It happens every day. Plants send up flowers, bees pollinate them and vegetables are born. But corn has its own way to doing things, bees not included. So how exactly does corn come to be? Jump ahead to when corn stalks are several feet high. Tassels start poking out from the top of the plant.
Take a bite out of summer with these corn-inspired sex toys
SEX in the Corn Field: How's It Done? (Purdue Univ.)
To better understand potential problems that can occur during pollination, you should first understand how the pollination process is orchestrated. Remember that corn has both male flowers and female flowers on the same plant a flowering habit called monoecious for you trivia fans. When the male flowers in the tassel mature, anthers emerge from the spikelet flowers, and pollen is dispersed through pores that open at the tips of the anthers. The anthers are those gizmos that hang from the tassel during pollination. Under a magnifying lens, anthers look somewhat like the double-barrel of a shotgun. Don't mistake anthers for the pollen itself.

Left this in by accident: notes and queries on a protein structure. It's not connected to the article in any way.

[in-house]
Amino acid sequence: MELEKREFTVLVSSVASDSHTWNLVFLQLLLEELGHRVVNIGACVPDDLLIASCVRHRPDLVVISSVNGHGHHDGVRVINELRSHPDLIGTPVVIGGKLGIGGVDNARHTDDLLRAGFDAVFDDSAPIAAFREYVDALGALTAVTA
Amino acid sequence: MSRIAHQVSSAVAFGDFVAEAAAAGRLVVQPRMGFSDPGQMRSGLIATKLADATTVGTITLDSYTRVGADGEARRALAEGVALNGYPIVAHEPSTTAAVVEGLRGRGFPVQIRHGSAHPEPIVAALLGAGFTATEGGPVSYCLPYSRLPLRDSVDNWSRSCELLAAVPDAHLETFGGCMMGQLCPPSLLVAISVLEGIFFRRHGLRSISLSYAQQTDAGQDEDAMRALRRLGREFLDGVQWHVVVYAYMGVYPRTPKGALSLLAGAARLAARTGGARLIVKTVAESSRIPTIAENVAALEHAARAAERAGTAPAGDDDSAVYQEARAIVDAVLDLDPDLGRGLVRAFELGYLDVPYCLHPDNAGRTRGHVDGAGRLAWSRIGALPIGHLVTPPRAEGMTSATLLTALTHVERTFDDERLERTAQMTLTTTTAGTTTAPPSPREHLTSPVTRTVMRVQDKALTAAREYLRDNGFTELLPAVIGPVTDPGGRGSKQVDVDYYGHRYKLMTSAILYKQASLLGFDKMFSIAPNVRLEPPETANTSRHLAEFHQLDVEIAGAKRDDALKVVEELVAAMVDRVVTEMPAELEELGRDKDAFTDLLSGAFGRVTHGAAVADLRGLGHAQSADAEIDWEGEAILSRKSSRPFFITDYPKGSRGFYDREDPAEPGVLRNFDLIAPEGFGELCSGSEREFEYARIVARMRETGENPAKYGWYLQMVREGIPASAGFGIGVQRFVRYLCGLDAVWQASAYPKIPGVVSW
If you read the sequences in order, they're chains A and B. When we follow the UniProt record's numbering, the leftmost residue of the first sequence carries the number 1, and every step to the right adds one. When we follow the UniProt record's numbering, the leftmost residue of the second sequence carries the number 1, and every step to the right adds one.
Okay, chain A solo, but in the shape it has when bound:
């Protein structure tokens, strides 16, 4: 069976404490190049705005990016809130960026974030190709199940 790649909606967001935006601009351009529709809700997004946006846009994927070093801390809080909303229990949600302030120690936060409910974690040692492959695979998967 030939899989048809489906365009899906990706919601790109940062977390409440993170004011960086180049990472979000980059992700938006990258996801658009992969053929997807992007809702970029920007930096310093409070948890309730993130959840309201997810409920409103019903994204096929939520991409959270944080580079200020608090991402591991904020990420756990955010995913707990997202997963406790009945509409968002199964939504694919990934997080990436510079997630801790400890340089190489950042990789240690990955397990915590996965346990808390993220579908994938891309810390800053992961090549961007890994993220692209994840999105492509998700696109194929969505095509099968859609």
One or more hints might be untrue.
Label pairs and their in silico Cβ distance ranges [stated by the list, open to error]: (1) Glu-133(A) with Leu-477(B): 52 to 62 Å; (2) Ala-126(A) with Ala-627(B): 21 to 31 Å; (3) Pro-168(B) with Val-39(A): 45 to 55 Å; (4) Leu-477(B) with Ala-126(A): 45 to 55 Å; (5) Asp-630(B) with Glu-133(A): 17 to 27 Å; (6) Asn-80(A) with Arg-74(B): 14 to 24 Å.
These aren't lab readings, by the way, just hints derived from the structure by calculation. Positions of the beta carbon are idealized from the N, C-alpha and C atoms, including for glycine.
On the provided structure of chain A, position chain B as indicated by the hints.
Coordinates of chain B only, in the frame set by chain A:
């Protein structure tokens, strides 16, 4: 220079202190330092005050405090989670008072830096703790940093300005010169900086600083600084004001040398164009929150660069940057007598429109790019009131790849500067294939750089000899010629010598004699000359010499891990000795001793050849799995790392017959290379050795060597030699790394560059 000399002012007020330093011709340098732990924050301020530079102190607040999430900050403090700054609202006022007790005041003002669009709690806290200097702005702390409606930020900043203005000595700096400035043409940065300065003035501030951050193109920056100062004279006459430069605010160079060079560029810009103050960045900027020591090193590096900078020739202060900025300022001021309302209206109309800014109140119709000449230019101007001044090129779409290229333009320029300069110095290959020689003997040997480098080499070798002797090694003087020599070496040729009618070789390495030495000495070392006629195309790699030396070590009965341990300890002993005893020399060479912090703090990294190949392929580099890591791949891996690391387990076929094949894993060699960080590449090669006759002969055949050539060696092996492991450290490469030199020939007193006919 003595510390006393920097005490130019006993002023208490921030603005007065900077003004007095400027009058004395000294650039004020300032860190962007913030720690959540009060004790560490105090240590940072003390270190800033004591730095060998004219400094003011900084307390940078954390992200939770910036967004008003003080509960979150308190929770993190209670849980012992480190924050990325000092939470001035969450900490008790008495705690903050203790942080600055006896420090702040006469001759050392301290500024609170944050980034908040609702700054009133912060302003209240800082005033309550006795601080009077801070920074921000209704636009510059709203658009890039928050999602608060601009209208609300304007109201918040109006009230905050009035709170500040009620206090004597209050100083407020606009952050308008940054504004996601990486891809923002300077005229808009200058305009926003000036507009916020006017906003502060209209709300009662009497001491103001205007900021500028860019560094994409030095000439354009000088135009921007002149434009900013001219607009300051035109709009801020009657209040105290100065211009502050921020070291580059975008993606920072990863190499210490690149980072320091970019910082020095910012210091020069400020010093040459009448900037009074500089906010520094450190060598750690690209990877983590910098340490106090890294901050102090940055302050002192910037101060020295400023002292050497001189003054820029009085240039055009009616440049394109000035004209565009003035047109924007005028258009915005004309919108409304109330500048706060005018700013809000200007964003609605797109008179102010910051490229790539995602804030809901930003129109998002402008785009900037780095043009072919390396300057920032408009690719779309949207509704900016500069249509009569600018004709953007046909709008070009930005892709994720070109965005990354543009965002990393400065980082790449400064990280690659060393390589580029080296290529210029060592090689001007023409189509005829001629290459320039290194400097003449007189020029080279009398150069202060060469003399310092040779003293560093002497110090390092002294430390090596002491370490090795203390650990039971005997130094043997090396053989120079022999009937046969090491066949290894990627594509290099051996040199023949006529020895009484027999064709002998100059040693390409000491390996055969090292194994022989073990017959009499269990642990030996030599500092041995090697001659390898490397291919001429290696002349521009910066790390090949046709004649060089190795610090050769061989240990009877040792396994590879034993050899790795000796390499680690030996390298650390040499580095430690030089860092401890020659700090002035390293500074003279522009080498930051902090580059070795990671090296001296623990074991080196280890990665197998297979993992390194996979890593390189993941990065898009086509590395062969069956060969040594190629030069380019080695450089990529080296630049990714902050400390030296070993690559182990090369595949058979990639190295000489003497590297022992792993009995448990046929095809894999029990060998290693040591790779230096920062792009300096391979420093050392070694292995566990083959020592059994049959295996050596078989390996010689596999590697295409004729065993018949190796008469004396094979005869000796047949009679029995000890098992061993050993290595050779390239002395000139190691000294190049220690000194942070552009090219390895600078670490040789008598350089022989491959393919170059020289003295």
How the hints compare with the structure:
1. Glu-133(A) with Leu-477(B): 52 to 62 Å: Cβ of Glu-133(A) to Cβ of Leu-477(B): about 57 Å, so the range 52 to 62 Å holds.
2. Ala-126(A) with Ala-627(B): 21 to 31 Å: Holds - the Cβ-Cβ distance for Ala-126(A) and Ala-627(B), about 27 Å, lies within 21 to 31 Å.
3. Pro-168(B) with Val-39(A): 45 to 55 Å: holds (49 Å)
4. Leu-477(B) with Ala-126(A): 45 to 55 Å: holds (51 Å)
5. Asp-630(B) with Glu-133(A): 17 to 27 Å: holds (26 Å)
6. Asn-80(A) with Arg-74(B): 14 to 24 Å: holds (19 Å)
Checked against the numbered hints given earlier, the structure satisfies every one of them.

The Sex Life of Sweet Corn
My little patch of sweet corn is only 3 rows deep, so I plan to help with the pollination process. Unlike most garden crops, which are pollinated by insects or vibration, corn depends on wind to bring its male and female parts together. In a small planting, pollen shed by the tassels at the tops of the plants the male parts may blow away before enough of the microscopic grains land on the silks at the ear tips the female parts. Most sweet corn is in pollination mode for about 10 days.
And what better to celebrate your favorite cobbed vegetable than by eating getting down and dirty with it? Now, thanks to these ripe and ready gadgets, you can give a whole new meaning to shucking. This is basically a corn on the cob with a nice little penis hat. It's also got a powerful suction base so your corn doesn't go flying across the room! It's manufacturer says this cob offers "extreme sexual pleasure when the corn kernels pass the muscle ring.